Perhaps the most interesting of these are those that focus on human societies and the interactions of individuals with each other. Some theories that can be identified in this way is social structure theory, Merton's Anomie theory, the broken windows theory, and rational choice theory. Whatever their differences, the main thing that these theories have in common is the fact that they make observations about humanity and create theories based upon these observations.
The social structure theory, for example, determine how the underlying social structures of society influence human action and thought (Baert and Da Silva, 2010, p. 4). What is interesting here is that the individuals who are so influenced are, generally, not aware of these structures but are nonetheless influenced by them. Examples of these are religious structures, education, constructs of gender, employment, and so on. These structures are usually so integrated in the human psyche that their influence is accepted as a given without conscious awareness.
Merton builds his Anomie theory on the premise of social structure theory. He takes it a little further by suggesting that the cultural structure and social structure interrelate in such a way that, often, conditions are created that lead to higher crime rates (Kittleson, 2012, p. 4). As an example, one might use the United States, where the emphasis on material success is the result of the country's cultural values in terms of this type of success.
On the other hand, the social limits of access to material success creates conditions that lead to a type of "end justifies the means" viewpoint, leading to higher crime rates in pursuit of financial prowess. The fact that the pursuit of money overrides institutionalized norms for acceptable means of gaining material success is referred to as "a strain toward anomie." Merton uses the term "innovation" to refer to those who give in to the pressure to achieve the same success level of others by illegitimate means.
The "broken windows" theory, formulated by Wilson and Kelling, also focuses on the social influences on the crime rate. It refers to the idea that areas where minor offences such as prostitution and disorderly conduct are not well controlled by police are also victim to major crimes. Conversely, the control of misdemeanors leads to less crime in that vicinity. This theory has been created during the 1990s to explain the homicide decline in major U.S. cities.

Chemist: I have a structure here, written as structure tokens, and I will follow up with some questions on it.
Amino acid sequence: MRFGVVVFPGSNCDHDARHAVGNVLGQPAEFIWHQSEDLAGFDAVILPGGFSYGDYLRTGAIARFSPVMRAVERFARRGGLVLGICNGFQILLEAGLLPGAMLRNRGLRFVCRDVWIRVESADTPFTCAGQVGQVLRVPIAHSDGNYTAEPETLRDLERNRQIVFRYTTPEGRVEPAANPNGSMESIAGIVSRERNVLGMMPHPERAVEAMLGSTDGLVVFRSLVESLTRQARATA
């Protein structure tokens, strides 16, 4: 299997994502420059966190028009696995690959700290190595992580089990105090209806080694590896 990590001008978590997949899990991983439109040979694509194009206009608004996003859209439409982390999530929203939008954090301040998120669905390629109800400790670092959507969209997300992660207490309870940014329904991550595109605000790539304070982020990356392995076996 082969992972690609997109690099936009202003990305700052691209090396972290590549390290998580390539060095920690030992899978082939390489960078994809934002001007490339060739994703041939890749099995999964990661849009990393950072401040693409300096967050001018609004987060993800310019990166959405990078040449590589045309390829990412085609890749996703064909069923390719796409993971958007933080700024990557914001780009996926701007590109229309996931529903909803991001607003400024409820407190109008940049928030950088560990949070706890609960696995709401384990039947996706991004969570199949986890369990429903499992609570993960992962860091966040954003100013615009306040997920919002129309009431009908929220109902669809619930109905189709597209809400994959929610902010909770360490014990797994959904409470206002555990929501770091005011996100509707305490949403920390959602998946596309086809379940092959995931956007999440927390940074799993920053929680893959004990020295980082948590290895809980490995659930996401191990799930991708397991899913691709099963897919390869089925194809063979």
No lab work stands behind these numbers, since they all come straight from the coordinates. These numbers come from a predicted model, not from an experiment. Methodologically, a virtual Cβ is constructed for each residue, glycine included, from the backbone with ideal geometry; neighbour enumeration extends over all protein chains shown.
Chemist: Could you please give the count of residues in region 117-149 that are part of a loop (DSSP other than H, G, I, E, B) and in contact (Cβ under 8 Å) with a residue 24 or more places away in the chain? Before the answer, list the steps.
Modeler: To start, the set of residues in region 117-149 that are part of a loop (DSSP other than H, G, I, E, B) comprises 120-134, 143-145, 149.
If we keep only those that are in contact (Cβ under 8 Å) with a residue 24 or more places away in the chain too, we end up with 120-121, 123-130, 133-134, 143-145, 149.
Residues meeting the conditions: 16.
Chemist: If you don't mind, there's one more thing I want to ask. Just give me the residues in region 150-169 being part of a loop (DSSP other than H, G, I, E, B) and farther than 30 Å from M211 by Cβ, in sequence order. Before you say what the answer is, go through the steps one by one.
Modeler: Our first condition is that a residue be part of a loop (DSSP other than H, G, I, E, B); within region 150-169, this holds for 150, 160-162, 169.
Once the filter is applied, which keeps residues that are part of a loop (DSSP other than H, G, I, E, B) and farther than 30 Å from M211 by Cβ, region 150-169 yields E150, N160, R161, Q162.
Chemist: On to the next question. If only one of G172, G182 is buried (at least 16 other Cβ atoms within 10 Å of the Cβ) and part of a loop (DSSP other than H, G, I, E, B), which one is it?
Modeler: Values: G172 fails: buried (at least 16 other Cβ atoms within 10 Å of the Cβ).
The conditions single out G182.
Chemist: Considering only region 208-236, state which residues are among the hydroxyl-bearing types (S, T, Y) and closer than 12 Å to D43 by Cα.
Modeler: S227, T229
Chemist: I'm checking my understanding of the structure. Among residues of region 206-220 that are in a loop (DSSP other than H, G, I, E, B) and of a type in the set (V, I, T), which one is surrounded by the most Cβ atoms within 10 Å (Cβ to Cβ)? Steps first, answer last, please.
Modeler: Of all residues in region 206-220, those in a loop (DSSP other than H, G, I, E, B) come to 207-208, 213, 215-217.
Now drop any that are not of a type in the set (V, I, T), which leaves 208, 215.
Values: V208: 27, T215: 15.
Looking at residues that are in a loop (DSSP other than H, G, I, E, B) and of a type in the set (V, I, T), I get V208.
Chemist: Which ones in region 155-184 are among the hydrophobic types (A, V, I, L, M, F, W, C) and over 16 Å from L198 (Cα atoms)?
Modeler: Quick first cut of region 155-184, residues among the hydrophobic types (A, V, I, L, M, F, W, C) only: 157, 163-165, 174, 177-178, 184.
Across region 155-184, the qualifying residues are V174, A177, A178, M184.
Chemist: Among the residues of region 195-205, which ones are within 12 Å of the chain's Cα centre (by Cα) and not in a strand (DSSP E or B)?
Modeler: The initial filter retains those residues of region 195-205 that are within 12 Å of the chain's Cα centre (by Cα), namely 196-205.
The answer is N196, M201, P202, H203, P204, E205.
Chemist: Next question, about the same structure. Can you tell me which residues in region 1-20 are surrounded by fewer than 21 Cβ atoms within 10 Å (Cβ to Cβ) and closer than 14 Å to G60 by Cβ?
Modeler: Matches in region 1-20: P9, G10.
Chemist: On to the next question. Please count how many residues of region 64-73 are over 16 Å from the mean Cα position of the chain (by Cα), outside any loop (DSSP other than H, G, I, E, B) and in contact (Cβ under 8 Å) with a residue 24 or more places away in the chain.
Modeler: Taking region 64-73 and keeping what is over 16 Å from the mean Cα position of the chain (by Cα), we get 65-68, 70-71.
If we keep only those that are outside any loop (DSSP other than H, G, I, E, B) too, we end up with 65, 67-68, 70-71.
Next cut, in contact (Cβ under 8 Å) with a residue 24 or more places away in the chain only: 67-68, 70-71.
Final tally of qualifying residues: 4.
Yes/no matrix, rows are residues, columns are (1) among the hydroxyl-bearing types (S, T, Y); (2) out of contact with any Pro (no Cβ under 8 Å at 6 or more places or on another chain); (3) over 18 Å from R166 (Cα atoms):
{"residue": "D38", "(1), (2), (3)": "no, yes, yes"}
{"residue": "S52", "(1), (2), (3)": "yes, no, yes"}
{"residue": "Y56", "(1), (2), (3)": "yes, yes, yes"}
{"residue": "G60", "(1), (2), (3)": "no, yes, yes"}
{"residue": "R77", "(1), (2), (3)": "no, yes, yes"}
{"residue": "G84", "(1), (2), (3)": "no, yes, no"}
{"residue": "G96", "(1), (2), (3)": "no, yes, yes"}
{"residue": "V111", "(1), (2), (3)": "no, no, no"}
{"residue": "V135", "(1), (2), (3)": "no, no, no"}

Whereas Merton's Anomie theory therefore considers the drive to financial success and its influence on crime, the broken windows theory focuses on investigating the influence of high minor crime rates on other types of illegitimate activity. Subsequent investigations have disproved the broken windows idea by means of collected statistics. This finding has added to the controversy of the theory (Cerda et al., 2009, p. 533). The rational choice theory, on the other hand, is sociological in nature and applies the assumption that people make rational choices to their social and political behavior (Baert and Da Silva, 2010, p. 126).
If one applies it to the Anomie and broken windows theories, one might conclude that it is somewhat closer to the Anomie theory. Merton indicates that people make choices influenced by the drive to success. The only rational course of action in such conditions may be to resort to illegitimate means of gaining material wealth, since legitimate means are not as accessible. In conclusion, the myriad of social theories available is somewhat daunting, but no less fascinating for it. Indeed, it forms a very solid basis for future investigation and new theories.
It is an unfortunate fact of business that many business owners and managers -- even those respected in their fields -- become perpetrators of corporate crime, misjudgment, or misdemeanor. Martha Stewart is a very famous example of this kind. Although she has certainly redeemed herself in recent years, the lesson remains that a prominent business person's reputation can be severely damaged if corporate crime comes to light. In Ms. Stewart's case, one can apply social theories like consensus or…